Painted faces, renewed hope

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Reading Time: 5 minutes

By Rachel Hahn

A short and burly black woman wearing a bright orange head scarf and a matching dress applies calamine lotion to my face.

I don’t have a rash. She’s using the lotion to create circles and dots, similar to the ones on her own face, so that everyone will know I am celebrating the official opening of the Ikhwezi Lokusa Wllness Centre.

Ikhwezi is a centre for community-based aid for those with HIV/AIDS in East London, South Africa. Ikhwezi has been operating for six months, but this is the official opening.

I look in the mirror and laugh. Although the pink design is beautiful on her dark skin it just blends into my pale cheeks.

I thank the woman with a smile and then move to my seat for the ceremony.

The crowd of almost 100 people is thick in the small, bright yellow building. The heat hangs in the air despite the electric fans and the fact that it’s only 10:30 a.m.

The master of ceremonies, Big King Camshe, wears a white robe and a crown of beads on his head. He welcomes us all in his native language, Xhosa, a series of clicks and other noises. Then, he translates his message to English.

He says he is happy to see so many people in the centre’s official opening, then introduces the first speaker, a tall, thin black woman in her twenties named Asanda Veni.

Veni speaks to the crowd in broken English.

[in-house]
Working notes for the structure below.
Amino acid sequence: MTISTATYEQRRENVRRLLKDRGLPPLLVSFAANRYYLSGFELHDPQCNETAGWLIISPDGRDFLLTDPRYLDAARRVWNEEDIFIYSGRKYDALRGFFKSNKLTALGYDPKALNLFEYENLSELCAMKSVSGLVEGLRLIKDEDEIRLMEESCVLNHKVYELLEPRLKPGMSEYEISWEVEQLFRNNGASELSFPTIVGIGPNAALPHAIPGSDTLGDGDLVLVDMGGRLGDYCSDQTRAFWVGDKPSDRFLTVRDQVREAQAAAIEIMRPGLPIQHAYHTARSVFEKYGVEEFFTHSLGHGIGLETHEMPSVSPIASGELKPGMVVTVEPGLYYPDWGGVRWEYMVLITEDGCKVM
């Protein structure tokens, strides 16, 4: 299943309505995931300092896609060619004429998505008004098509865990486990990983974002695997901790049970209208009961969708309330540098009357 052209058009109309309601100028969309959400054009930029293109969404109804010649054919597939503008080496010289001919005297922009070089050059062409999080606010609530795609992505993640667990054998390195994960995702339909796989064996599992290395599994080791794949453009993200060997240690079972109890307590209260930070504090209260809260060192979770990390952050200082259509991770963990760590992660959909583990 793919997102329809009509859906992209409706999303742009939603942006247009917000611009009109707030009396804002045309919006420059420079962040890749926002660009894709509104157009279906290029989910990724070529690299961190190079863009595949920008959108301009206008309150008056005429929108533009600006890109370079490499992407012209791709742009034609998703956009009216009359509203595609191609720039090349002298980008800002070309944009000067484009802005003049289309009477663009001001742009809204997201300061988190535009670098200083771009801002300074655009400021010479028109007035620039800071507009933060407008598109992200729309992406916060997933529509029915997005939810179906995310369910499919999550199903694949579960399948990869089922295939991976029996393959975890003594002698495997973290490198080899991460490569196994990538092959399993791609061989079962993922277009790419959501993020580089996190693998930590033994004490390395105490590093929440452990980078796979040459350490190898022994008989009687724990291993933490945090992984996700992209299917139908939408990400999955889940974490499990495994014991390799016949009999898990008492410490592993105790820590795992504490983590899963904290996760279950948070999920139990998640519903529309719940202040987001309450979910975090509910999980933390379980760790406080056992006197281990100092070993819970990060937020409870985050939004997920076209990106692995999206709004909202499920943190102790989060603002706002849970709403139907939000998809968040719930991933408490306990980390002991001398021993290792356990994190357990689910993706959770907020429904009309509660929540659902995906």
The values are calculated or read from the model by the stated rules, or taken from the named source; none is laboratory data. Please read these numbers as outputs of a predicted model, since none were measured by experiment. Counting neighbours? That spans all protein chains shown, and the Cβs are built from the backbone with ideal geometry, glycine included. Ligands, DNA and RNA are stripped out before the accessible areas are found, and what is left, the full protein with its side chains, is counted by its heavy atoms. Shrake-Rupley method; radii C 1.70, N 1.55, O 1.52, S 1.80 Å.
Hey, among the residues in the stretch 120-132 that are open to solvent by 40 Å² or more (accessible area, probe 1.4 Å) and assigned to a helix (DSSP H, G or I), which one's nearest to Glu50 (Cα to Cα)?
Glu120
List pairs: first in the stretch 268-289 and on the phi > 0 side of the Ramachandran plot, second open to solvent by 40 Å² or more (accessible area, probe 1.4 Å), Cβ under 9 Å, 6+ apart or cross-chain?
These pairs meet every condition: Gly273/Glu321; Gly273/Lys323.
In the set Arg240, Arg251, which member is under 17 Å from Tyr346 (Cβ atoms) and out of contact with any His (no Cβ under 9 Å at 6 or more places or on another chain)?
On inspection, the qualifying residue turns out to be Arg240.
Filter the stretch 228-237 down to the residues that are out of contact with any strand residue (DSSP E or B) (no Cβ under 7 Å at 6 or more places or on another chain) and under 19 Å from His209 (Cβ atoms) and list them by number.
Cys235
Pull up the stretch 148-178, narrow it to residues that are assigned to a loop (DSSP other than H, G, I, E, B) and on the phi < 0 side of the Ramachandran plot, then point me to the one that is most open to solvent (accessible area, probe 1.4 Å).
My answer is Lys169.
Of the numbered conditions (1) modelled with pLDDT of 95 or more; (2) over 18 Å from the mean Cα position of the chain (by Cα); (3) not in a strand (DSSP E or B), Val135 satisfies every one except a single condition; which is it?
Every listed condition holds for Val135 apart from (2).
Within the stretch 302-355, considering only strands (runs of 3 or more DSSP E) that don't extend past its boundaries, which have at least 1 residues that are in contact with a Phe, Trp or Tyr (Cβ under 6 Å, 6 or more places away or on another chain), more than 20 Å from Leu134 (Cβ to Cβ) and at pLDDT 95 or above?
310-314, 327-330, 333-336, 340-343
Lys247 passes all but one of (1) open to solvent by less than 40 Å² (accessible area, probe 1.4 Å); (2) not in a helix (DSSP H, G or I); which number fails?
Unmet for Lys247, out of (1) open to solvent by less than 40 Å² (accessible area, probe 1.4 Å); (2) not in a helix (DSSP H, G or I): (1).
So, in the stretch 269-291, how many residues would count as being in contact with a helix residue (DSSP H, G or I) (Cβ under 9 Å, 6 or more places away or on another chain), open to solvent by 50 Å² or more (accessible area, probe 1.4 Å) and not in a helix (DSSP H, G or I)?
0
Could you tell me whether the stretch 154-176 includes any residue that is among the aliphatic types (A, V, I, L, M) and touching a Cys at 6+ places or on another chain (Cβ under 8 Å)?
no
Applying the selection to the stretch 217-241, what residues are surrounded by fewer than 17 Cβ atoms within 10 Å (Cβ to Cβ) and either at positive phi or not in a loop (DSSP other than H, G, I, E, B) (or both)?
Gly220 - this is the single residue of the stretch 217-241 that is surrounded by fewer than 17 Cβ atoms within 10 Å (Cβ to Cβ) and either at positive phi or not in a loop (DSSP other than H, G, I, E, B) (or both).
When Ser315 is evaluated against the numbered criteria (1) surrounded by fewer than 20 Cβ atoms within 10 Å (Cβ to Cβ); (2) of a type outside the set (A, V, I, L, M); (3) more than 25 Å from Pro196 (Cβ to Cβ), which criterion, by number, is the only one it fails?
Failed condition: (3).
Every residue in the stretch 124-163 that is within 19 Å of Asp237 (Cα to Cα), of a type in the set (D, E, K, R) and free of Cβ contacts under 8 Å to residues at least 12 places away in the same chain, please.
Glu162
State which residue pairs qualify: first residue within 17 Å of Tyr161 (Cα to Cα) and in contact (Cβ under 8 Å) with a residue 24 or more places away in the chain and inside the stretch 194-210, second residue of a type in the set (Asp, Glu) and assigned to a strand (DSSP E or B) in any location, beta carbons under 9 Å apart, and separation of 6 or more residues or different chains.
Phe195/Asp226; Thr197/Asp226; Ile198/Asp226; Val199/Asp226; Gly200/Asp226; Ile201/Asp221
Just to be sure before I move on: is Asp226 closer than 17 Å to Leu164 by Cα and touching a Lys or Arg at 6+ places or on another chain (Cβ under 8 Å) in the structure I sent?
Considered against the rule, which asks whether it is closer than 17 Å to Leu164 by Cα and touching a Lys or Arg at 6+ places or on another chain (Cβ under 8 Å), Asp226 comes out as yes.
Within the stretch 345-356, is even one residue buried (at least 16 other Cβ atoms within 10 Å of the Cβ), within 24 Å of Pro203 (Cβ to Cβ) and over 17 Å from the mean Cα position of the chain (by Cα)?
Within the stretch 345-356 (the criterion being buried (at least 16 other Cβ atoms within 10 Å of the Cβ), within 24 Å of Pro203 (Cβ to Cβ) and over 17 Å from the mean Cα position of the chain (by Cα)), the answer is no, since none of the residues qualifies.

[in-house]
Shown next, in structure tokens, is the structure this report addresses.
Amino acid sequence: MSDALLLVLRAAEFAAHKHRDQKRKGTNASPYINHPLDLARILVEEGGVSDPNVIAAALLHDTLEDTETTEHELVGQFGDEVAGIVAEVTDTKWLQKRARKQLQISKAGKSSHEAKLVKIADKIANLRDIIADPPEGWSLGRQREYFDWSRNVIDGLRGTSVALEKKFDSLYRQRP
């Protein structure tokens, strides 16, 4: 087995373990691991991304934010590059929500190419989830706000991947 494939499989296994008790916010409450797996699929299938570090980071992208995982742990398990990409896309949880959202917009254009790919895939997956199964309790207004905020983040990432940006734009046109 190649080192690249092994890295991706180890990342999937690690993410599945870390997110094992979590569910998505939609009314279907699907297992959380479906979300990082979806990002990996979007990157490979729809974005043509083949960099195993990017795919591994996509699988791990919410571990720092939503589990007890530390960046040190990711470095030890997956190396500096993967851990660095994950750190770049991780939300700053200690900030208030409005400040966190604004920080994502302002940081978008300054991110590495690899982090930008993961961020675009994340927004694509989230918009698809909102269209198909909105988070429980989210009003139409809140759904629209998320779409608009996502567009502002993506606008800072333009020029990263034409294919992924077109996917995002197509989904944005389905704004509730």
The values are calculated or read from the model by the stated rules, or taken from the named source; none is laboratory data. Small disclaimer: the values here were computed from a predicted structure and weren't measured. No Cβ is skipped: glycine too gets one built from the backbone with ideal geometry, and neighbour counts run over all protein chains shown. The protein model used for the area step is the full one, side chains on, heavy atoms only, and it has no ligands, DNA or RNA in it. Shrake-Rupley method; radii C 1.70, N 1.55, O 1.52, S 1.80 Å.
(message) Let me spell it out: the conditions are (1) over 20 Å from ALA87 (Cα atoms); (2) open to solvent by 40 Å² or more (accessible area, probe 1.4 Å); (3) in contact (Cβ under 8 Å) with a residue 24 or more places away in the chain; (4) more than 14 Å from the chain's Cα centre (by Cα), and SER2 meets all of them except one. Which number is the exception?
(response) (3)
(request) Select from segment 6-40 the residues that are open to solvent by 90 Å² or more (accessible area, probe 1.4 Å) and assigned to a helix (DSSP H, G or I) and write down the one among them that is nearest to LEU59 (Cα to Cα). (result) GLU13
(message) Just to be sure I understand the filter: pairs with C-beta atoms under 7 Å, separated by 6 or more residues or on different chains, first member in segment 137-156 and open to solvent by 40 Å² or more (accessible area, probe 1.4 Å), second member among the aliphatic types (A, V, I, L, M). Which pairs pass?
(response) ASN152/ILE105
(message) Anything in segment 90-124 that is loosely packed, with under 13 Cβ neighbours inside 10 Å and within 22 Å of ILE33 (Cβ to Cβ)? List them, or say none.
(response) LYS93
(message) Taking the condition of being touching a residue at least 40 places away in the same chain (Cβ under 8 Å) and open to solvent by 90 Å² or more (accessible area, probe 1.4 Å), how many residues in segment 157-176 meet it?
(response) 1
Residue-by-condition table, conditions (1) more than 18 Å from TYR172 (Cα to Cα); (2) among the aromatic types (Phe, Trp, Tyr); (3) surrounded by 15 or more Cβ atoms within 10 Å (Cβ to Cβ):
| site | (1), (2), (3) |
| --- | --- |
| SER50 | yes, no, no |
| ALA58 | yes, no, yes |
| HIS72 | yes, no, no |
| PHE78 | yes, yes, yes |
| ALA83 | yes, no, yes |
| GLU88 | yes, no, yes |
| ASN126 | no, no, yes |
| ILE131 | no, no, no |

“When I needed to urinate it was so sore. When I had a bowel motion it was so sore. When I went to the toilet, it was so sore.”

Veni is HIV-positive. She breaks down and cries.

One of Ikhwezi’s three volunteer doctors comforts Veni as she continues to tell the crowd her story.

Veni was diagnosed with HIV in 1998. In 2001, she began to succumb to infections. Her body was covered with sores and pimples. She was so dehydrated from diarrhea that her tongue was dry and stiff and stuck out of her mouth. At times, she was so weak she couldn’t walk.

“I thought it was losing my mind,” says Veni through her tears.

Veni found hope when her mother introduced her to one of the doctors from Ikhwezi. She says they opened their hearts to her. They began treatment on her and it wasn’t long before she regained much of her weight and strength.

“You saved my life. Thank you,” she cries.

The crowd applauds enthusiastically, and I smudge some of the calamite lotion as I wipe tears off my cheeks.

The HIV/AIDS pandemic has become overwhelming in South Africa, infecting a third of the population, but it has inspired people like Dr. Nonkosi Ngumbela to make a difference.

Ngumbela explains that Ikhwezi is helping more than 200 HIV/AIDS patients like Veni.

Ngumbela founded Ikhwezi six months ago. She works at a hospital in East London and says she was touched by the pain of the poor who were suffering from HIV/AIDS and couldn’t afford treatment. She began to dream of a place that could help.

“There are 600 people in South Africa who die every day from HIV/AIDS,” Ngumbela says.

“In developed and privileged communities, the HIV takes about 10 to 20 years to progress at least. And even so it is a manageable condition.

“In our patients, the progress is just three years.”

Six months ago, Ngumbela, along with two other doctors and several volunteers, opened Ikhwezi’s doors.

They registered as a non-government organization, but have yet to receive any funding.

Ngumbela has kept her job at the local hospital in order to finance Ikhwezi. So far, she and her husband have been able to cover the overhead costs of running the centre. However, many things, such as antiretrovirals (ARV’s), a drug used to prolong life in HIV/AIDS patients, are still too costly and out of reach for Ikhwezi.

Ngumbela ends her speech with a plea to the crowd for help.